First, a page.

Saudi $4 bln lifeline to Egypt won’t come for free

May 23, 2011

By Una Galani
The author is a Reuters Breakingviews columnist. The opinions expressed are her own.

DUBAI — Autocratic governments can act faster than multi-lateral financial institutions. Saudi Arabia’s $4 billion lifeline to Egypt comes just as the country is still discussing an aid package with the International Monetary Fund and the World Bank. Cairo has hinted it wasn’t ready to accept the conditionality attached to both bodies’ financial help, usually in the form of stringent fiscal discipline. But it’s unlikely that Saudi money will come with no strings attached.

The Saudi package, in the form of soft loans, credit lines, bond purchases, and central bank deposits, dwarfs the financial assistance pledged last week by Barack Obama in his “Arab spring” speech. It will make the kingdom one of Egypt’s largest external creditors.

Details on the funding are scarce, but together with the $2 billion-plus support from the United States, partly in the form of debt relief, Egypt is roughly half way to plugging what it estimates could be a funding gap of up to $12 billion until mid-2012. The rest is expected to come from the IMF and World Bank.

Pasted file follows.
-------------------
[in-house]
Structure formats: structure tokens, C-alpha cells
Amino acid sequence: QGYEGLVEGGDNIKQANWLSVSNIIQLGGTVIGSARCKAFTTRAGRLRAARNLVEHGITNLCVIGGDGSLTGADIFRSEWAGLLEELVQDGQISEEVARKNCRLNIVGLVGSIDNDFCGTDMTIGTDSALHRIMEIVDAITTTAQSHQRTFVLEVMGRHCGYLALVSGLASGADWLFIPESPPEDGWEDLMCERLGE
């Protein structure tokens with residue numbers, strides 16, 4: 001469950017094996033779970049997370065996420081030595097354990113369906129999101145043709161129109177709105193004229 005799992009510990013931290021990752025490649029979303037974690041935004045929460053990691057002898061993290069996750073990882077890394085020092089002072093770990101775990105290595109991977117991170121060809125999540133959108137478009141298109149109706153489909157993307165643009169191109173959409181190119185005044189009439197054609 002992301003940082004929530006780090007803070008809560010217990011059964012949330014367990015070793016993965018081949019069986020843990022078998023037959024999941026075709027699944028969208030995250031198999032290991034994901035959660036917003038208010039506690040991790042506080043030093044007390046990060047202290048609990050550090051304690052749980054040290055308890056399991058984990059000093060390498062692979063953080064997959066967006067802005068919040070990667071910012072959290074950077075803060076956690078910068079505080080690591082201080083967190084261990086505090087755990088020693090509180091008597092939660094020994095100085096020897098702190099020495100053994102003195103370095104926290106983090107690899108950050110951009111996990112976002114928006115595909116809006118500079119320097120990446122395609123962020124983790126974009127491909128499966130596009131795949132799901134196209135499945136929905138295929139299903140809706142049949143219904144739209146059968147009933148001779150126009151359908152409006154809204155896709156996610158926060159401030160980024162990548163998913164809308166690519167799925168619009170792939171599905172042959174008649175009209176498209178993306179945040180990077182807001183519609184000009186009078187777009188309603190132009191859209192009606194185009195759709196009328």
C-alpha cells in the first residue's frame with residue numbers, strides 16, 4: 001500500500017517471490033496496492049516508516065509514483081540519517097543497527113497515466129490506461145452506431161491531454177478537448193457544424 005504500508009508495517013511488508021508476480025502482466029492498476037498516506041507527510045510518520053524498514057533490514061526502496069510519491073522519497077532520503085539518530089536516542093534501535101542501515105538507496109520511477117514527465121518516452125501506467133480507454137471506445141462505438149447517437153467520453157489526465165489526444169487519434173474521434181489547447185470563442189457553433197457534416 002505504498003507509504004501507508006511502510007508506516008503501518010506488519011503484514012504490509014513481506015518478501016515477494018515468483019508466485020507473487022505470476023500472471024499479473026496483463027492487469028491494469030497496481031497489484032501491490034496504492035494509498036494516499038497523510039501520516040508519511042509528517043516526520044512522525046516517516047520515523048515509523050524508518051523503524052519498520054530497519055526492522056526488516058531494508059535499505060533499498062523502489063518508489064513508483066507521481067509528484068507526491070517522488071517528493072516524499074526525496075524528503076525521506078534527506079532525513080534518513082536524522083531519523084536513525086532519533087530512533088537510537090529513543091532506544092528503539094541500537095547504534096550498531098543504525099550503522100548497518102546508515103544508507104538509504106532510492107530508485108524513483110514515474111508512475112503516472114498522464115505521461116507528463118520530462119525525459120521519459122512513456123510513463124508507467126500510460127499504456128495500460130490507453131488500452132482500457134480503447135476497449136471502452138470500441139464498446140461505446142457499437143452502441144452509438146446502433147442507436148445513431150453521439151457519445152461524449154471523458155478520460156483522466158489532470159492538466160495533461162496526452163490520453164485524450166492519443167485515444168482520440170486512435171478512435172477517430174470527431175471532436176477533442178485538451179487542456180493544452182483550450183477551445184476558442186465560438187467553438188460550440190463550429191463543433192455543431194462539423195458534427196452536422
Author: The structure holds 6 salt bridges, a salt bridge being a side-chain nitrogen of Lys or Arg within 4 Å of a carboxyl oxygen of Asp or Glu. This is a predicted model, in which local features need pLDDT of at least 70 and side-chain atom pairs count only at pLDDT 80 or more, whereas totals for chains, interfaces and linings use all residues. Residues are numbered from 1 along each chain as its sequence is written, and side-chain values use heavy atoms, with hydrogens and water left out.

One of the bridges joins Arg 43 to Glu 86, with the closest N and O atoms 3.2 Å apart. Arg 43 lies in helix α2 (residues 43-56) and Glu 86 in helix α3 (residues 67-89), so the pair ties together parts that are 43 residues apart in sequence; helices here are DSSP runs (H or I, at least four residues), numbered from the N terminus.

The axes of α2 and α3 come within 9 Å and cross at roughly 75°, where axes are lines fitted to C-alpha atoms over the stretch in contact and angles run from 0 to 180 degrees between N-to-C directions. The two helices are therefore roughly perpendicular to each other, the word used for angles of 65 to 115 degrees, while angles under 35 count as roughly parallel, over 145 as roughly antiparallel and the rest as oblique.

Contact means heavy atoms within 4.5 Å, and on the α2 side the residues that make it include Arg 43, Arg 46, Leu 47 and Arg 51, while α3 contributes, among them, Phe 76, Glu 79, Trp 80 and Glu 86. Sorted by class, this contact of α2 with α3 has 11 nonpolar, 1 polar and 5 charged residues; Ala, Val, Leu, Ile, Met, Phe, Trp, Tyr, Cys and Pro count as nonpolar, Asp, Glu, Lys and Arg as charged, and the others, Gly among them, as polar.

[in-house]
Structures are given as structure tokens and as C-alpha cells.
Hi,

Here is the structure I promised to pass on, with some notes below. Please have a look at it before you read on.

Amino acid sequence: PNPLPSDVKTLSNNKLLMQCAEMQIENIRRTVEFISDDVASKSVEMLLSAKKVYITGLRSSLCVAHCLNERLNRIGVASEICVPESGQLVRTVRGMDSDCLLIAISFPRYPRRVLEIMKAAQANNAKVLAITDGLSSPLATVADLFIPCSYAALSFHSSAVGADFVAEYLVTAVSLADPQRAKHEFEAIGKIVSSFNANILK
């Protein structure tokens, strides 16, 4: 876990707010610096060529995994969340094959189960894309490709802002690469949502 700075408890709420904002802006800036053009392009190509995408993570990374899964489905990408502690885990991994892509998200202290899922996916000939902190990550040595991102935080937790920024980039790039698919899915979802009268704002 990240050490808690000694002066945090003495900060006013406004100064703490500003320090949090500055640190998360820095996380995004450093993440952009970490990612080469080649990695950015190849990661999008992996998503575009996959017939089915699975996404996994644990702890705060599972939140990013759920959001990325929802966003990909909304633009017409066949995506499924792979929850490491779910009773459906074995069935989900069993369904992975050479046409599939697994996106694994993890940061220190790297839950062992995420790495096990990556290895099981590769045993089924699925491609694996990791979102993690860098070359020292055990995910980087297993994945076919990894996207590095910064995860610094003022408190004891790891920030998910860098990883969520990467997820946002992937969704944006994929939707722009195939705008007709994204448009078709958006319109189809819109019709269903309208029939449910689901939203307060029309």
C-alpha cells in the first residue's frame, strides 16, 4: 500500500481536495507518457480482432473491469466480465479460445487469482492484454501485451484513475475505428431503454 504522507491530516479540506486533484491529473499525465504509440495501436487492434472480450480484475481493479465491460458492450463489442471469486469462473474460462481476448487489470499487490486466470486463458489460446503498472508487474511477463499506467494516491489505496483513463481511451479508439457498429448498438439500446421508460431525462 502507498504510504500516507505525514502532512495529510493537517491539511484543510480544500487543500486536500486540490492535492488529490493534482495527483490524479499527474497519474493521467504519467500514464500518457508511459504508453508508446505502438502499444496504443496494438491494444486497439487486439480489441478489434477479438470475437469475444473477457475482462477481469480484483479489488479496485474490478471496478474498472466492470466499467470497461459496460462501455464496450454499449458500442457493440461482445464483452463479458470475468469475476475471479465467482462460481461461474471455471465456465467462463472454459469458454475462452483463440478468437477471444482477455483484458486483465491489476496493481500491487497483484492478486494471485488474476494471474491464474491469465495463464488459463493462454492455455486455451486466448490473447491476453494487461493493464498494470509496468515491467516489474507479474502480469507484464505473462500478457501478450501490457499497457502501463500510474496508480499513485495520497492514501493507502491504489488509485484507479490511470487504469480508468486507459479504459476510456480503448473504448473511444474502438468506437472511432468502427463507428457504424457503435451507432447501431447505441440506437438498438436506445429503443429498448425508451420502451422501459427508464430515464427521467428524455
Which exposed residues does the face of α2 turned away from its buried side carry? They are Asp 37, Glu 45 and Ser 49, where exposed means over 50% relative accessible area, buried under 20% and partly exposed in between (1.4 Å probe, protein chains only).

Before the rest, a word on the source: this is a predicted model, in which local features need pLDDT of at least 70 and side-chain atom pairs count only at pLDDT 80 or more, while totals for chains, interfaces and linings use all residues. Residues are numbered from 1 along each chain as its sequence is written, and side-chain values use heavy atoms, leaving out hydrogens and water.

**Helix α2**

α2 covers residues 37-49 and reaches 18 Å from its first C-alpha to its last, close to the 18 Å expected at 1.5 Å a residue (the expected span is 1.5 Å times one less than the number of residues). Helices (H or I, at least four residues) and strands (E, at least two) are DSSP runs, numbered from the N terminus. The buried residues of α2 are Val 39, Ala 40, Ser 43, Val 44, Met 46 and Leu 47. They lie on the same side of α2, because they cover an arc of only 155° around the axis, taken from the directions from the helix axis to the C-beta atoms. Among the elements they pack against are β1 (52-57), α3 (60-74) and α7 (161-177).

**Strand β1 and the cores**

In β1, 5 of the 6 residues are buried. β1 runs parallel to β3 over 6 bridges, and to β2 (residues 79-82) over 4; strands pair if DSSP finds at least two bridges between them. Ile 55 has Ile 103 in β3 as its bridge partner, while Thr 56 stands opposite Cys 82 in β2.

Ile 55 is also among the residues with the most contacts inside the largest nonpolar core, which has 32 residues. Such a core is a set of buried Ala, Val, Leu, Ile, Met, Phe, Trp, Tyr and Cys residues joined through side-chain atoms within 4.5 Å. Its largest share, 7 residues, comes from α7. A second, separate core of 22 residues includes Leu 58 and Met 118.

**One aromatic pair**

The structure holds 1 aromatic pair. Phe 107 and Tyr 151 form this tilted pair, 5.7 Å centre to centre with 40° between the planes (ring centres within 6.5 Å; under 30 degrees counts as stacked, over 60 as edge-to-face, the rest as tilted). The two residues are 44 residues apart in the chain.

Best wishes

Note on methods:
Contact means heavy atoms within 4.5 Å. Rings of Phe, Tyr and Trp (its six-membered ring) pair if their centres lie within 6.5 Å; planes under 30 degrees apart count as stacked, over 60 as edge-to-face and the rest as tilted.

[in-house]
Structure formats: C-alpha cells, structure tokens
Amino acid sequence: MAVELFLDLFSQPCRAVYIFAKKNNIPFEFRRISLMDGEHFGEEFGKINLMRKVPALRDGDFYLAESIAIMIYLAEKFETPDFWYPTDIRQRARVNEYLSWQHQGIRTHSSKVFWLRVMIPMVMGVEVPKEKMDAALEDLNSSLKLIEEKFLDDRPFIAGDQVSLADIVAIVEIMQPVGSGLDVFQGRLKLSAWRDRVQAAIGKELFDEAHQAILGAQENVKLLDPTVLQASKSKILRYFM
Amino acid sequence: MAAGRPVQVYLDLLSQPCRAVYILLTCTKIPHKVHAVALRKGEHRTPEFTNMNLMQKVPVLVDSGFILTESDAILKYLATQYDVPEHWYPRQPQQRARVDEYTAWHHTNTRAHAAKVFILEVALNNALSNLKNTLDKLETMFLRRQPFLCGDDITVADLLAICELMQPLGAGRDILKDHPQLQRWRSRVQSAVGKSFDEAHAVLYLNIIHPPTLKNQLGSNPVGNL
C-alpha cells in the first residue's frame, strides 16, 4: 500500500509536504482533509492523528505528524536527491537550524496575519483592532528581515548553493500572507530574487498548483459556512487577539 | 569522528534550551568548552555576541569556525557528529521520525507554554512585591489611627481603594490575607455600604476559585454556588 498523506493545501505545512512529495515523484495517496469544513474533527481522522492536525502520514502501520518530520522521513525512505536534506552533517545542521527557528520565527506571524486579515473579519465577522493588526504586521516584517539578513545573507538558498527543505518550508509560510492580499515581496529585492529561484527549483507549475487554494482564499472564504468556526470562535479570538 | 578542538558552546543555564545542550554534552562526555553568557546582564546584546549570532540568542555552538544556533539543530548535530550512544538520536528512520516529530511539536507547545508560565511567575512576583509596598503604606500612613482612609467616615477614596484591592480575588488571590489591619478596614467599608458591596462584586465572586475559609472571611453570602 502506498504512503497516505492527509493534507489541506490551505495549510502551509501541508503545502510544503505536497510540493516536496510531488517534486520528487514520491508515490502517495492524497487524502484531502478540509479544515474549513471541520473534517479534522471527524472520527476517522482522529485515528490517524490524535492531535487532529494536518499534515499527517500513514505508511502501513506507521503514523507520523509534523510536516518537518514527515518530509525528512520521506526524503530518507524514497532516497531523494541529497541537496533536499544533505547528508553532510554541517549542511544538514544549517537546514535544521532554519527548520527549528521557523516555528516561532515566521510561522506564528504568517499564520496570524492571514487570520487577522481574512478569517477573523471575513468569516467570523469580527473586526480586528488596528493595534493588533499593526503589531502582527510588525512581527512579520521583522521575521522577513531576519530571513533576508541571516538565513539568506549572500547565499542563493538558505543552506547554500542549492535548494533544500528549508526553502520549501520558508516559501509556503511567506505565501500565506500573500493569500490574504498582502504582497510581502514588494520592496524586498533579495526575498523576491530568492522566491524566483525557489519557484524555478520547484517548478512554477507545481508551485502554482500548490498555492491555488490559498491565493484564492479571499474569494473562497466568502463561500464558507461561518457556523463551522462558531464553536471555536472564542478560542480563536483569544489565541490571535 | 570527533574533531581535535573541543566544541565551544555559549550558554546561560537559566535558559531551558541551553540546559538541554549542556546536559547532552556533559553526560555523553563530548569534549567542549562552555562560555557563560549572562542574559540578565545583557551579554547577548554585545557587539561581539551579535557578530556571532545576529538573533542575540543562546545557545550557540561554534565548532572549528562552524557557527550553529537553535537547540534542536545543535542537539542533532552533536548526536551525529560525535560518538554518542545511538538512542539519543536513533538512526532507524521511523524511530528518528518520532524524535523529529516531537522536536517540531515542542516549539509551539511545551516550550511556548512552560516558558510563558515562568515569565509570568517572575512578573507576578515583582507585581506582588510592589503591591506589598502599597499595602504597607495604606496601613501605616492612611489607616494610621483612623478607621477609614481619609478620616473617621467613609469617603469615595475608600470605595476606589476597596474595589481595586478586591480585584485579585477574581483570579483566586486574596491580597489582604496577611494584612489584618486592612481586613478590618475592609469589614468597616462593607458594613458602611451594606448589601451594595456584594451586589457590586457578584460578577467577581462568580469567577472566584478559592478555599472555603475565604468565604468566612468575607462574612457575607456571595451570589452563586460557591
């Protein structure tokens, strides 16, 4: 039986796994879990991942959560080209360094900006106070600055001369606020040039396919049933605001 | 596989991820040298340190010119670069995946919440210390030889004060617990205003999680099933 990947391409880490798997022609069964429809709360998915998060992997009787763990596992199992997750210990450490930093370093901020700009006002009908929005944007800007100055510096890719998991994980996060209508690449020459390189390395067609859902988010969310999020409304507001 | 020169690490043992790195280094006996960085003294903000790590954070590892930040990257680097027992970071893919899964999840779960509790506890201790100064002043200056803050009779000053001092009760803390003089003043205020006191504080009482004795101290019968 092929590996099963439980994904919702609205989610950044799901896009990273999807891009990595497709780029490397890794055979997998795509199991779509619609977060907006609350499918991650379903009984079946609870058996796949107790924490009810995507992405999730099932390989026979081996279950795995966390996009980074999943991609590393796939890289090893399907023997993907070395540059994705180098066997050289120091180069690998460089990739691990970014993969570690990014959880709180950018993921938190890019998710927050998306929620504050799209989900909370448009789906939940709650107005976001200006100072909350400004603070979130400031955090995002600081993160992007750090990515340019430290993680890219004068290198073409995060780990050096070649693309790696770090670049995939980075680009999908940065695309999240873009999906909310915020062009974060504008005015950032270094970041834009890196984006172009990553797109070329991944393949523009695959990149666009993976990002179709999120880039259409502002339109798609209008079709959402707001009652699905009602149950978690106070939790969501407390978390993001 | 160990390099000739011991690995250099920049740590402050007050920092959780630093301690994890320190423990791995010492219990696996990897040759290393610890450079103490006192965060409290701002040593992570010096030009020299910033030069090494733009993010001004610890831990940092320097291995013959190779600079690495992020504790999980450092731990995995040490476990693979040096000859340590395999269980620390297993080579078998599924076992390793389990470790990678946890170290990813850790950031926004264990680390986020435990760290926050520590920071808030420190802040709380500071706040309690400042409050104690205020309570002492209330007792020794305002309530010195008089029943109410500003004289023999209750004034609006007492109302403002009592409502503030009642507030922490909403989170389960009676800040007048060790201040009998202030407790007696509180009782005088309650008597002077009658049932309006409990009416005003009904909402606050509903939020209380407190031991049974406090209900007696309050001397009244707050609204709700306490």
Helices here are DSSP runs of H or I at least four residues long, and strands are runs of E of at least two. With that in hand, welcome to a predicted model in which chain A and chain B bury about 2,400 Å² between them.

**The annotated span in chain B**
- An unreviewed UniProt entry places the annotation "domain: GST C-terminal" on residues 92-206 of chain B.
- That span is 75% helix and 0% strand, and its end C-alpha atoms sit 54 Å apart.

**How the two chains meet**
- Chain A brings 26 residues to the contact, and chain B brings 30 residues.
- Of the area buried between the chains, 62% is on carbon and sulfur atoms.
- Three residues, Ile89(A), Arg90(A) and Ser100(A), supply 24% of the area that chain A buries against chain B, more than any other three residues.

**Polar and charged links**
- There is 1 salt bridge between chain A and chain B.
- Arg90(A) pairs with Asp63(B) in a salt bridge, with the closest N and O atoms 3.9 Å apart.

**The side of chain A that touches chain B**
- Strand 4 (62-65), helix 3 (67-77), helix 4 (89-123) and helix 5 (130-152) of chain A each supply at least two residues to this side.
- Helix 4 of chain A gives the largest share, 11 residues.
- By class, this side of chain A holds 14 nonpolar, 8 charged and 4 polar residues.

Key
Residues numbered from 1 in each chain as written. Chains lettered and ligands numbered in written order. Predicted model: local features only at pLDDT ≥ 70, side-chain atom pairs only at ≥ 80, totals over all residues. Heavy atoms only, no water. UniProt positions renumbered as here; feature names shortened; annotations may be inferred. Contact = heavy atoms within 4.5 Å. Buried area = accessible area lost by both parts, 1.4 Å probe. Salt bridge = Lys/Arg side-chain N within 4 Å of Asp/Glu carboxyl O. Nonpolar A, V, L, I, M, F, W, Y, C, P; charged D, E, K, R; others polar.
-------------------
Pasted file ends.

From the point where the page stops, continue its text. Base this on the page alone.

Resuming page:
Modest by Saudi standards, the investment nonetheless is a huge step up in the financial relations between two countries which haven’t always seen eye-to-eye. They have been at odds over Islamic fundamentalism and secular nationalism, played out through a proxy war in Yemen. Official Saudi loans to Egypt amounted to just $308 million at the end of December — less than one percent of the country’s total external debt of $34 billion. If influence is proportionate to money spent, Saudi would rank in Egypt next to America, which has significantly shaped political policy in the country over the years.

The question is what Saudi wants in return. Loans from international institutions are expected to be aimed at supporting inclusive growth and the transition to democracy and an open market economy. But the House of Saud supported Mubarak and doesn’t share the democratic ideals of revolutionary Egyptians. Still, it has a big interest in the stability of its neighbour, the region’s most populous Arab nation.

It’s still unclear which political forces the Saudis would support in Egypt, where elections are due later this year or in early 2012. For now Riyadh seems mostly to be trying to stay on the safe side of any future government.

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